Debunking Myths About Schizophrenia

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Debunking Myths About Schizophrenia

Schizophrenia is one of the most commonly misunderstood and stigmatized mental illnesses. One of the many reasons for such stereotypes is TV and movies. According to the National Institute of Mental Health (NIMH), Schizophrenia is one of the top causes of disability, worldwide.

People with schizophrenia experience disturbances in their thoughts in the forms of hallucinations and delusions. The symptoms of this disease can be crippling and can affect behavioral, mental, emotional, and physical health.

Related: 10 Famous People And Celebrities With Schizophrenia

Symptom of Schizophrenia Are:

  • Incoherent speech patterns
  • Lack of facial and emotional expressions
  • Lack of motivation
  • Trouble in concentration
  • Hallucinations and delusions

Causes of schizophrenia can be genetics, a chemical imbalance in the brain, the influence of environmental factors, or it could be caused by side-effects of certain medications or drugs.

There are treatments available to help people, even children with schizophrenia but these myths and misconceptions prevent people and parents in need to reach out for help. By separating fact from fiction, people can receive proper healthcare treatment to help them cope with their schizophrenia.

From Fiction To Facts…

Myth #1: Having Schizophrenia Equals Having Multiple Personalities

Fact: There are many people who believe that people who have schizophrenia have multiple personalities. In reality, schizophrenia is a biological psychiatric disorder where a person loses touch with reality. There is a significant difference between multiple personality disorder or, more commonly known as, dissociative identity disorder and schizophrenia.

The word ‘schizo’ means ‘split’ but it refers to as ‘gaps’ in a person’s ability to separate themselves from the real world, their ability to express emotions, and form coherent thoughts.

Myth #2: People With Schizophrenia have Violent Tendencies

Fact: People are quick to believe that all people with mental illnesses carry violent tendencies. In reality, only a small portion (approximately 3-5%) of the people with severe mental diseases are prone to violent tendencies. It is represented in movies and TV that people with schizophrenia will likely be the ‘criminal’ or ‘killer’.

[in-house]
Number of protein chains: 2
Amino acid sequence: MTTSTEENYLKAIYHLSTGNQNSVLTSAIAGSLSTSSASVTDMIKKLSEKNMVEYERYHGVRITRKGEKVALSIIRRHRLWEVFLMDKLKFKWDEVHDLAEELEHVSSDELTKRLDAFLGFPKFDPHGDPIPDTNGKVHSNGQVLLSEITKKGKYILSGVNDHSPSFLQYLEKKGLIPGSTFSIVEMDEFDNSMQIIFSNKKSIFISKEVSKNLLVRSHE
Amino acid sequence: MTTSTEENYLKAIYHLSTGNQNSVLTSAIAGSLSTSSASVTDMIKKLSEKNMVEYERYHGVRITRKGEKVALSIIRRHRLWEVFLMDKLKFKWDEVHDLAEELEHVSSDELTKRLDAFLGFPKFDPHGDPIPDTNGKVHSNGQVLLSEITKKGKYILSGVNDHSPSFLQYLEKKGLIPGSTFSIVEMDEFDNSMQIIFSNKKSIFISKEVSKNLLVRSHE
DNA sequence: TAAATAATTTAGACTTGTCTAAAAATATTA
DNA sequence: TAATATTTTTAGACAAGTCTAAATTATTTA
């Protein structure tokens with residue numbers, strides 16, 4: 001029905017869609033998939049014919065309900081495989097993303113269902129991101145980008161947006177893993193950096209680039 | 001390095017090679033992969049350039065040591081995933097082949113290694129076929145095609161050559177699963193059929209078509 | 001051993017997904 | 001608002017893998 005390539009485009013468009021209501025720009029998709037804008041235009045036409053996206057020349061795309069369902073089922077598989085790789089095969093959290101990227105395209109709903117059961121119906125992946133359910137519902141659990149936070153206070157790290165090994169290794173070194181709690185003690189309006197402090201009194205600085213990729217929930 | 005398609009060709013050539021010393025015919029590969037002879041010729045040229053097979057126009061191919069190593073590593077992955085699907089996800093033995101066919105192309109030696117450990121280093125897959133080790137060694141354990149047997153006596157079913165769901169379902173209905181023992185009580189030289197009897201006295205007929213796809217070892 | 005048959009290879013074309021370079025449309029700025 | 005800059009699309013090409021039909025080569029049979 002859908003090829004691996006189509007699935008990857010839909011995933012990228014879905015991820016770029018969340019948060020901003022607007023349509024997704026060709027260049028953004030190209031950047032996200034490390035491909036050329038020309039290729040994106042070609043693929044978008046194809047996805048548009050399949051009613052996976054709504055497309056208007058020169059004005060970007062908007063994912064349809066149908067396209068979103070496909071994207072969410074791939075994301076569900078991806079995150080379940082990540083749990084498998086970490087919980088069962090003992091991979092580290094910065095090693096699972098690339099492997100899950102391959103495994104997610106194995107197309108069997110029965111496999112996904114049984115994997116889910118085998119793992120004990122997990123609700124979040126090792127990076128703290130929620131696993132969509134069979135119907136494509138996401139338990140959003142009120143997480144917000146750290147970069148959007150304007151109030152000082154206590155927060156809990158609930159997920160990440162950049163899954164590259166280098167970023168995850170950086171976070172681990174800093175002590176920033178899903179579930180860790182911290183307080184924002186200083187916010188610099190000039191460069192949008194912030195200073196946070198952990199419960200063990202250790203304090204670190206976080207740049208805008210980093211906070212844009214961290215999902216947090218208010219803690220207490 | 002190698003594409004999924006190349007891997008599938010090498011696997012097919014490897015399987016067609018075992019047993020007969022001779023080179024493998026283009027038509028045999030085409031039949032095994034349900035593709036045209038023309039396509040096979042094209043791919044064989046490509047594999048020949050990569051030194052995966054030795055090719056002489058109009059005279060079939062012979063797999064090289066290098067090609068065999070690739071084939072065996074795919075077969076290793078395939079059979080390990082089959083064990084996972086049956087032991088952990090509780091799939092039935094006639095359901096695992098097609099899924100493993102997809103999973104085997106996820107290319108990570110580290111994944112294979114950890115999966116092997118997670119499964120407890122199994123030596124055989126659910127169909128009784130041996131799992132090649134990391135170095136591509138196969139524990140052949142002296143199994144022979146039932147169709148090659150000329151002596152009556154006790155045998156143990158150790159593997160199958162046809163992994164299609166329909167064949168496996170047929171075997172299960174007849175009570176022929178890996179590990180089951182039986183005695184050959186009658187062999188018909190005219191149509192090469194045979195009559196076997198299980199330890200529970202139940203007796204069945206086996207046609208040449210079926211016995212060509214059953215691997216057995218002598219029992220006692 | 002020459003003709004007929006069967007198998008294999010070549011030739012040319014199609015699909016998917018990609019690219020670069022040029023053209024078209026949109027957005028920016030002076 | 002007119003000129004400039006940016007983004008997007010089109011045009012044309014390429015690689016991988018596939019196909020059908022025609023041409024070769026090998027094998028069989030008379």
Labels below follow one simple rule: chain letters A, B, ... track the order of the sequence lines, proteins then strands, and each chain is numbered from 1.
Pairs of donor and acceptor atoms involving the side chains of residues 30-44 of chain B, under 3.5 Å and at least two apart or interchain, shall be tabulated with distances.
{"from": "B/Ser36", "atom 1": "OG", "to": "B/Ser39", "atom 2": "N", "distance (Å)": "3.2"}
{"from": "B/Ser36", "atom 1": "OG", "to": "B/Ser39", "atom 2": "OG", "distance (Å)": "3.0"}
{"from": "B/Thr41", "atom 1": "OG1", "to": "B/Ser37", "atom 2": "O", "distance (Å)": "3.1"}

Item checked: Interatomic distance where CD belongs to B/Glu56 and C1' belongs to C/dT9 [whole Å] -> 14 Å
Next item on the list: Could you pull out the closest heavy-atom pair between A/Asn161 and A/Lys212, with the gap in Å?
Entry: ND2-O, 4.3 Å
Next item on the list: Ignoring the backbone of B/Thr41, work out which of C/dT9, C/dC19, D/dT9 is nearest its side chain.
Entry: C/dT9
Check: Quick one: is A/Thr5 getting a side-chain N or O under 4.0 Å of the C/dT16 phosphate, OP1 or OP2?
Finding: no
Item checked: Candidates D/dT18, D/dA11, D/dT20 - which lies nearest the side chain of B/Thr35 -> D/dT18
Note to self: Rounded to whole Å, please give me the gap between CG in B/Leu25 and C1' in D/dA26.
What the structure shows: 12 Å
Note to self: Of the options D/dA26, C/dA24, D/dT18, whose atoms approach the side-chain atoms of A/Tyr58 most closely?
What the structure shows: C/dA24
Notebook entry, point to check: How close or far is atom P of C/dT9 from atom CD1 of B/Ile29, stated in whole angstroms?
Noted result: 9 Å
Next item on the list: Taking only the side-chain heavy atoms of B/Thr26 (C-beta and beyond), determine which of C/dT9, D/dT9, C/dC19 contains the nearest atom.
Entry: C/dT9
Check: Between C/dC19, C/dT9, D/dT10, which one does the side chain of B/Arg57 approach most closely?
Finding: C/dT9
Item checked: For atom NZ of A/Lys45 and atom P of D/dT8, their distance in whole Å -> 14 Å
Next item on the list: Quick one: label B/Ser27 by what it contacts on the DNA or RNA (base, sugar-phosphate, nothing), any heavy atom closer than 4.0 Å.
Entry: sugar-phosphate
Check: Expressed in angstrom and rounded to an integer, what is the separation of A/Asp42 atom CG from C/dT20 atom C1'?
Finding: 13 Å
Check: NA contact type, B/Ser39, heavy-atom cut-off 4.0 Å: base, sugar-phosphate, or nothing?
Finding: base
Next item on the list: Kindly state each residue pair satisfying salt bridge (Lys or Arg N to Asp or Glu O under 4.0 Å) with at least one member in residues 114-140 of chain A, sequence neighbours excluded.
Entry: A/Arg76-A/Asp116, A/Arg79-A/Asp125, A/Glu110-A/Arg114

While it is not uncommon for people with schizophrenia to commit violent acts, it was recorded that only 20-23% of those crimes were related to the symptoms of their mental illness.

Myth #3: All of Those With Schizophrenia Have Similar Symptoms

Fact: There are many types of this particular psychiatric disorder and all of those affect people in different ways. For instance, paranoid schizophrenia can have symptoms like hallucinations while catatonic schizophrenia might have symptoms such as lack of emotional expression or motivation.

All mental illnesses affect people differently and while it is possible for two people to have similar symptoms, it doesn’t mean that their behavior will be similar as well. After all, schizophrenia isn’t all about being neurotic and hearing voices.

Myth #4: Women are More Prone to Schizophrenia than Men

Fact: While it is true that women are more likely to be affected by a mental health disorder more than men, it is not all probable that women suffer from schizophrenia more than men. There are studies conducted by various mental health institutes and organizations that show that the rate of men having schizophrenia is two to three times higher than women. One of the causes of this could be genes. No matter who – men or women – don’t receive proper treatment, schizophrenia can have serious mental health implications.

Myth #5: Treating Schizophrenia is Not Possible

Fact: It is often shown in the movies that people who are diagnosed with schizophrenia are carried off to a mental health institution and locked away in a padded cell. This representation had led people to believe the notion that there are no treatment options available for treating schizophrenia.

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In reality, with the help of psychotherapy, counseling, special care, well-established support systems, and prescribed medication, schizophrenia can be treated and people with this illness can learn how to cope with the symptoms when they occur. If a person is staying true to their treatment plan, their illness can be controlled to a point where their daily lives remain uninterrupted.

Here we have arranged a list of Support Groups You can Join:

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Final Words

With the help of appropriate treatment, it is possible to live a life filled with happiness and love. There are many people like Lionel Alridge, a football player and sports analyst, John Nash, mathematician, and Skip Spence, a guitarist, singer-songwriter for the band Moby Grape – all lived with schizophrenia.

It is not to say that life with schizophrenia is easy but with proper care and support, it is possible to live a thriving life. With the help of proper education and awareness, we can remove the stigma that surrounds schizophrenia and make this illness something that people with them aren’t afraid of judgment from others.

“I have schizophrenia. I am not schizophrenia. I am not my mental illness. My illness is a part of me.” – Jonathan Harnisch

One COMMENT

  1. CHTN

    Before giving medicine, you need to cure the misconceptions around it.. half of the disease impact will go away in a friction

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